The majority's disagreement with this proposition pivots about the phrase "obvious * * * to try," and appears to support its ultimate conclusion by finding that there was no prior art which taught the use of claimed cobalt salts to stabilize polypropylene compositions. I fully agree that in here considering the invention as a whole, the selection of the particular cobalt salts is a factor to be weighed before reaching the ultimate legal conclusion of obviousness or non-obviousness required by 35 U.S.C. § 103. However, I do not agree with what seems to me to be the majority's rationale that such selection per se supports a finding of unobviousness under the facts here. I do not find that we are here concerned with a problem of the selection of particular materials from a universe which presents many choices. The art here is so developed that the majority finds the use of nickel salts to stabilize polypropylene to be unpatentable. In the composition claims 1, 4, 7, as well as in the process claims 18-20, the rejection of which the majority affirms, the stabilizing salt is selected from the group consisting of nickel and cobalt.


Thus, the issue here turns on the specific selection of the claimed cobalt salts for stabilizing polypropylene in view of the prior art and in the light of the agreed unpatentability of the invention where the corresponding nickel salts are claimed for the same purpose. The prior art teachings showed stabilization of polyethylene from degradation due to sunlight in Naunton, Italian and Hawkins. Naunton and Italian disclose the use of nickel dibutyldithiocarbamate for this purpose. Italian further discloses a group of metal salts including cobalt dibutyldithiocarbamate for stabilizing of polyethylene. Prior art recognized similarities between polyethylene and polypropylene as regards stabilization are shown in Hawkins and Tholstrup both of which teach that both polyethylene and polypropylene may be stabilized by the addition of the same compounds and Hawkins deals with degradation by sunlight. Thus, it seems to me one of ordinary skill in this art would be led by the Italian reference directly to the choice of cobalt dibutyldithiocarbamate as a specific salt which is there shown to be effective in stabilizing polyethylene against degradation from sunlight. Thus the only difference between appellant's claimed invention and the prior art is that they followed Tholstrup and Hawkins' teachings and treated polypropylene with what the art had used to stabilize polyethylene. These circumstances suggest that the factor of selection stressed by appellants should be given relatively litthe weight in reaching the legal conclusion of obviousness under section 103.


The selection argument advanced by appellants and relied upon by the majority is not supported by the facts of record. The majority states, "There is not the slightest hint of even the class [of stabilizers] wherein to search." It seems to me that this statement does not consider the teachings as a whole of the Italian patent. It is true that Italian begins by stating a large number of metal dithiocarbamates may be used. However, five specific examples employing metal dithiocarbamates are set forth. Example 1 shows tests with iron, cobalt and nickel; example 2 employs copper, cadmium, lead, bismuth and selenium; examples 3 and 4 show nickel and zinc; and example 5 shows nickel. The qualitative results shows the preferred group of metals by a substantial margin is iron, cobalt and nickel with nickel being the best metal by a very small margin. Four of the five tests set forth employ nickel showing the effectiveness of it as a stabilizer.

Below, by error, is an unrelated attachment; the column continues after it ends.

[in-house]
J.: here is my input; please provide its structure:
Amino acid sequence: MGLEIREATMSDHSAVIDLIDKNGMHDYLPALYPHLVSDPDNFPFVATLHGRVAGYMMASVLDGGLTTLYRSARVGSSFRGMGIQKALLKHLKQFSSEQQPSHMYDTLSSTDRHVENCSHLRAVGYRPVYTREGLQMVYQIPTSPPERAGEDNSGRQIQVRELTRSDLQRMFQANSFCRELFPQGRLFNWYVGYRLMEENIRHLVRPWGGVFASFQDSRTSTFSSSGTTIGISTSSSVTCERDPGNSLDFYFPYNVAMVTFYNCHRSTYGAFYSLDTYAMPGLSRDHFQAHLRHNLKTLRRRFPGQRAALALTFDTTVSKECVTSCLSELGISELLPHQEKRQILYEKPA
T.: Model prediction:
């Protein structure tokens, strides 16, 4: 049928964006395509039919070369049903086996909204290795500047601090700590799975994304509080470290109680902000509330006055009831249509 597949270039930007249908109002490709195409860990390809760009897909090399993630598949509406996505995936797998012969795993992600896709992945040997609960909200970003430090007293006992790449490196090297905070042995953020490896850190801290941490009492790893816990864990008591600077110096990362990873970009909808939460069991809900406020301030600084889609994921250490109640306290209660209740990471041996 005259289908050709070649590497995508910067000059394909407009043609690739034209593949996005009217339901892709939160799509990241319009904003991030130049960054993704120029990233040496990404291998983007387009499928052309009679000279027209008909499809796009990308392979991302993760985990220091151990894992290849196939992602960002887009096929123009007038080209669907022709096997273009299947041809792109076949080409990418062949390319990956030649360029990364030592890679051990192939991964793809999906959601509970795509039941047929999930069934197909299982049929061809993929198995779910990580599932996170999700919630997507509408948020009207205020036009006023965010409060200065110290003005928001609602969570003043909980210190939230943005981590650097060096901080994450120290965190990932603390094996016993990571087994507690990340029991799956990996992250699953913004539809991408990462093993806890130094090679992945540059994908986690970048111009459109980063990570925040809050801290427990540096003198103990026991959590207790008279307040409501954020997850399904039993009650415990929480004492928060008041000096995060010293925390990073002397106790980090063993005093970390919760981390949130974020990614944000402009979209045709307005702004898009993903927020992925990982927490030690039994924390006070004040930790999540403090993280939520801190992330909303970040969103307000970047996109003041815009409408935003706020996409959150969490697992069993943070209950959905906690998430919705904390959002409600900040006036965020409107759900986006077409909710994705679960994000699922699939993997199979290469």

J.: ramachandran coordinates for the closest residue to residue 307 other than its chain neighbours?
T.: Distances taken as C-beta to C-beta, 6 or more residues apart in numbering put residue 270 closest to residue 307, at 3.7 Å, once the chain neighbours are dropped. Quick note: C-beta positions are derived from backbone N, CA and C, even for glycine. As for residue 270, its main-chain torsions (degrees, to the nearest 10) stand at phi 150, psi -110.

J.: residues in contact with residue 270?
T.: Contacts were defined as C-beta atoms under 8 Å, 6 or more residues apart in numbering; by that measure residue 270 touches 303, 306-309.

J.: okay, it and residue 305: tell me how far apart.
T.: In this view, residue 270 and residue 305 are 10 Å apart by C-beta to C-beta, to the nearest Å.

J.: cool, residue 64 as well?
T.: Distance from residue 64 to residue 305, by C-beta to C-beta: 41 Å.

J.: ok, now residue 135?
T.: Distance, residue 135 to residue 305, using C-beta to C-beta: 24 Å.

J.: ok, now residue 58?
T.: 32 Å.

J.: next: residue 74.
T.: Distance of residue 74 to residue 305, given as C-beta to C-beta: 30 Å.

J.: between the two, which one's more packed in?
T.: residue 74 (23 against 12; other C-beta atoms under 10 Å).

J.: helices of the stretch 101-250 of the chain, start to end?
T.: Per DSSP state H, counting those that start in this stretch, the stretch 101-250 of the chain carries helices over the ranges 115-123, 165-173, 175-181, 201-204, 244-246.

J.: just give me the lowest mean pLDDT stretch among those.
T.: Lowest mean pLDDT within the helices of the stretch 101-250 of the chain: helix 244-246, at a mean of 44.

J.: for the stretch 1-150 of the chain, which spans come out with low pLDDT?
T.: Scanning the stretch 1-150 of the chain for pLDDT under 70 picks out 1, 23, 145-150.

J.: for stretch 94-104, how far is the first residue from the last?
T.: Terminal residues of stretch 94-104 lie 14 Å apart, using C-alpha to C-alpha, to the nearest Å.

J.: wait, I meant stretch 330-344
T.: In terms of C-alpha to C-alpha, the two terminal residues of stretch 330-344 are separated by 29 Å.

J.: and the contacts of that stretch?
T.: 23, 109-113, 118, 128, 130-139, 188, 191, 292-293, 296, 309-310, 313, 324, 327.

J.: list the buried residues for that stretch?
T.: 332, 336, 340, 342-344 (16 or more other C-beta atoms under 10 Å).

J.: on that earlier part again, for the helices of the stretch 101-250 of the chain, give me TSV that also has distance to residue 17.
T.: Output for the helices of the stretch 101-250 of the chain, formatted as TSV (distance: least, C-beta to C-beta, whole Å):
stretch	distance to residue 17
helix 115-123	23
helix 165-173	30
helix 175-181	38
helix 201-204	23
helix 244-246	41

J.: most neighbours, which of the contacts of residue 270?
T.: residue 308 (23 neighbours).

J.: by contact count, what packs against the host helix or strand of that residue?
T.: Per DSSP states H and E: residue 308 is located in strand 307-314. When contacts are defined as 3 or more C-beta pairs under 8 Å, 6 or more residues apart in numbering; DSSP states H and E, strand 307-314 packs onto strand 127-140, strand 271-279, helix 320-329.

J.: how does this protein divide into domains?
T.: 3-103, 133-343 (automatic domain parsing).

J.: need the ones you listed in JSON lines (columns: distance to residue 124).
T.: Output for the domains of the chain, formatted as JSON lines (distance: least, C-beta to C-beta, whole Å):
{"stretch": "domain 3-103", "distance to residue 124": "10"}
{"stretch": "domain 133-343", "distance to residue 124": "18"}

Appellants set forth certain metal stabilizers which are allegedly ineffective, i. e., zinc, lead, selenium and bismuth. Italian specifically discloses the ineffectiveness of these metals as stabilizers as compared to the preferred group of iron, cobalt and nickel.


Appellants, in citing art to demonstrate the non-obviousness of their invention, place principal reliance on the statement quoted by the majority from Modern Plastics. I find that this statement is only general in nature and encompasses stabilizers developed for "polyolefins, vinyl chlorides and the like." It seems to me that the specific teachings in Italian, Tholstrup, etc., relied upon by the Patent Office, are the "teachings which a person of ordinary skill in the art would consider the most pertinent and accord the most weight" as they are "closely concerned with the claimed invention." In re Lunsford, 357 F.2d 385, 53 CCPA ____.1


On the present record, it seems to me that either the substitution of cobalt salts for nickel salts or the substitution of polypropylene for polyethylene in the art of record would have been obvious to one of ordinary skill in this art under the conditions specified in 35 U.S.C. § 103. I would, therefore, affirm the decision of the board as to claims 3, 6, 9 and 14-17.



Appellants in their brief do not discuss the teachings of the Belgian patent. The other teachings of the references relied upon by appellants are adequately set forth in the majority and I find they are far from specific as are the teachings relied upon by the Patent Office. Accordingly, the teachings relied on by the Patent Office are clearly entitled to more weight